101 and Beach Rocks

Another factor of my recent excursion was going throughout the Southern Oregon Coast via US Route 101. This route is set up on the Pacific Coast of this country, and a lot of its course almost touches the ocean, but some of it is a bit inland. As there is nothing like this road on the East Coast, this magical route is still a novelty for me, and I love exploring it in new sections  each time I am near the ocean.

We drove up Route 101 from Arcata, California, to the Oregon border, where we stopped in the small town of Brookings. An elderly gas station attendant recommended us to follow the signs to a coast guard station in order to access the beach.

We backtracked on 101 over a bridge, and drove down the hill to a small parking lot loaded with RVs and trucks. Some people were enjoying barbecues under awnings, and others were comparing stories about their traveling dogs. With all of these large vehicles, I thought it looked very American.

Of course the salty breeze, cold waters, rigid rock formations and sandy surface were extremely refreshing after a long car ride, but the most interesting part of this beach was this weird overlook area on top of a cliff. There was a lighthouse, two American flags, and a statue that seemed to replicate the over-arching Jesus I have seen in photos from some famous park in Rio de Janeiro, Brazil. I was a fan of this unusual combination.

After the big cat zoo, we also stopped by the coastal part of Bandon, Oregon. The arching geological formations looked very sharp, the air was cold and strong, and some of the rocks were engulfed by shellfish on their surfaces. It was definitely not much of a tourist spot, and seemed to be frequented by locals and their canine companions who came out dressed in outer wear, trained to protect themselves from the elements.

We also stopped in some area around Coos Bay, Oregon, which I’ve seen as a designated dot on state maps many times before. It took a while to get to an actual beach spot, with a lot of winding through commercial strips with stores all closed for Sunday, followed by sharp turns that led us to roads lined with different RV parks.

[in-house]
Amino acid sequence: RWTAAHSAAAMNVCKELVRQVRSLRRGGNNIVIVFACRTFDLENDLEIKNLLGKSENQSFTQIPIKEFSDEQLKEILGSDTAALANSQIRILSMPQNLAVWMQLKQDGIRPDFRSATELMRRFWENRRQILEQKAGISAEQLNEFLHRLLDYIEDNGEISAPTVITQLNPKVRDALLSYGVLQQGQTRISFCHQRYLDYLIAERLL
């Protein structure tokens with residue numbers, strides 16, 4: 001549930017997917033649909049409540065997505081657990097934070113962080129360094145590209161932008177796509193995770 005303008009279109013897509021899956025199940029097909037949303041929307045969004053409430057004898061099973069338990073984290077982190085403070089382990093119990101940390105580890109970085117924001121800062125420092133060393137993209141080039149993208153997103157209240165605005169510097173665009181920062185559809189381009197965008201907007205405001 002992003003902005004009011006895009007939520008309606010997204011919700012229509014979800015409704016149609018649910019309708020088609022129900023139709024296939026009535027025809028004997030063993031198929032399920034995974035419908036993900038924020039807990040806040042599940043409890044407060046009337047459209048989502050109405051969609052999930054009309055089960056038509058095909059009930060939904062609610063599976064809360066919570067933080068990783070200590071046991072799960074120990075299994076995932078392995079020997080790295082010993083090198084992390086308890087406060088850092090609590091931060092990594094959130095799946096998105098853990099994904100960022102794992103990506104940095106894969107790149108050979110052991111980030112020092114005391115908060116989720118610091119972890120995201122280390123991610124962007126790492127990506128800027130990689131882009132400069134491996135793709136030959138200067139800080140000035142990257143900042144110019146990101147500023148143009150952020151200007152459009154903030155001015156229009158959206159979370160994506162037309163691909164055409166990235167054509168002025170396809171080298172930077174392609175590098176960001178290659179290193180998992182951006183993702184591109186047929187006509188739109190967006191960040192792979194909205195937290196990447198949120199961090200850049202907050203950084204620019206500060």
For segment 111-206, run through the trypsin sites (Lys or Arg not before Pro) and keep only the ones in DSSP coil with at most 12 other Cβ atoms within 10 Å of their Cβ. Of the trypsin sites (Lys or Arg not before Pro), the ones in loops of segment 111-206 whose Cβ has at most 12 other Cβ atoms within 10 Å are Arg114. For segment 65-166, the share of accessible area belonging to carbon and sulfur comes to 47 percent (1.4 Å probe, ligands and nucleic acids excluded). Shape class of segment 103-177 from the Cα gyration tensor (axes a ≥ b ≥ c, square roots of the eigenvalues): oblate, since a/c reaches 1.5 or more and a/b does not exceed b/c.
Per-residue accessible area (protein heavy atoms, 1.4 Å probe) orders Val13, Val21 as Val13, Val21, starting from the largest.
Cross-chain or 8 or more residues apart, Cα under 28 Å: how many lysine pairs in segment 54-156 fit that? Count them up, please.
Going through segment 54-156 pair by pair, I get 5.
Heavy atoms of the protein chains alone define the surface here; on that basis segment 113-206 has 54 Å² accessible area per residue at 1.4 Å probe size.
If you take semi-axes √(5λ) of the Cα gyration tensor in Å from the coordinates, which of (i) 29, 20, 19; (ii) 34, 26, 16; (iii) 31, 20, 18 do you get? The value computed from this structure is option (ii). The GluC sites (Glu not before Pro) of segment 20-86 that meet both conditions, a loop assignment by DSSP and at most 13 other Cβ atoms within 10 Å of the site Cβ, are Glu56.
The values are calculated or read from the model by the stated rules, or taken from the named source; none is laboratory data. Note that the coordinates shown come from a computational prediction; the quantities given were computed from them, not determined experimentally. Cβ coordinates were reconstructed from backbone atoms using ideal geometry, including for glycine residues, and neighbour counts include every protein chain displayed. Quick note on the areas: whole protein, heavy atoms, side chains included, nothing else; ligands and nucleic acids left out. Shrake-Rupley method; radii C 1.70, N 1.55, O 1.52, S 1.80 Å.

We finally got to some small beach enclosure. There were a few women actually going into the shallow cold water, who appeared to be shivering in their bikinis and huddling into themselves for warmth.

We went off to a rock formation area, and I was happy I decided to wear my hiking boots, as its hard surface was all caked with holes of surprise mud. Though very aesthetically stimulating, it smelled somewhat like rotted seaweed and the oil from canned anchovies. Nevertheless, we were able to ignore the stench, climb up a rock and enjoy lunch with a view.

Small Big Cats

I recently returned from a small road trip that I took for a few days, through northern California and around Oregon. Part of the trip was through the Southern Coast of Oregon, and I and stopped in Bandon for the West Coast Game Park. Though there are nice beaches nearby, the town of Bandon itself is not much to see, but for some reason, all of the hotels, motels and campgrounds are booked and overflowing with guests, who I suppose are all going to this little zoo.

At this game farm, there is an open section full of different deer, goats, sheep and donkeys. When you walk into the initial gates with the purchased animal feed, many of the horned goats go up and stalk you until you are encircled, and one of the girls who works there yells at you to move away from the entrance while shooing the animals away.

I had a cute time of going around and figuring out which goat likes the dried corn out of the bunch, and which sheep likes the dried-out beets. Sometimes one of the animals starts nibbling at the edge of the ice cream cone that the feed is presented in, and then tries to grab it all away at once, spilling all the edible specimens all over the ground.

The highlight of this place is getting to pet the big cats. I waited in line for about half an hour, while families and couples gathered in an enclosed area to play with two baby tigers. These tigers were very frisky, and kept attacking some large, dilapidated stuffed animals and jumping on the people’s laps or behind their shoulders. There was a baby leopard in a separate cage next to them, and I thought it was particularly cute when this elegant, spotted animal would start chasing its tail.

The tigers had to go away by the time I got to go in, but I got the pleasure of petting these two, four-week old, black spotted leopards. They were about the size of small cats, but acted like kittens. Their fur and paws were very soft, from not ever being used before.

They were too young to get up and move from the blanket. We weren’t supposed to touch their faces or mouths, so I kept having to move my hand away when they would grab it and try to take my fingers to their mouths to gnaw on.

I also got to pet a baby caracal, which is a big cat similar to a lynx, found in the Middle East and Africa. A lady had this feline confined on a leash, and would put wood chunks by its face to play with. People would go up and pet this caracal, but every few minutes, she would break out and hiss at them and try to bat at them with her claws. That just reminded me of typical house cat temperament!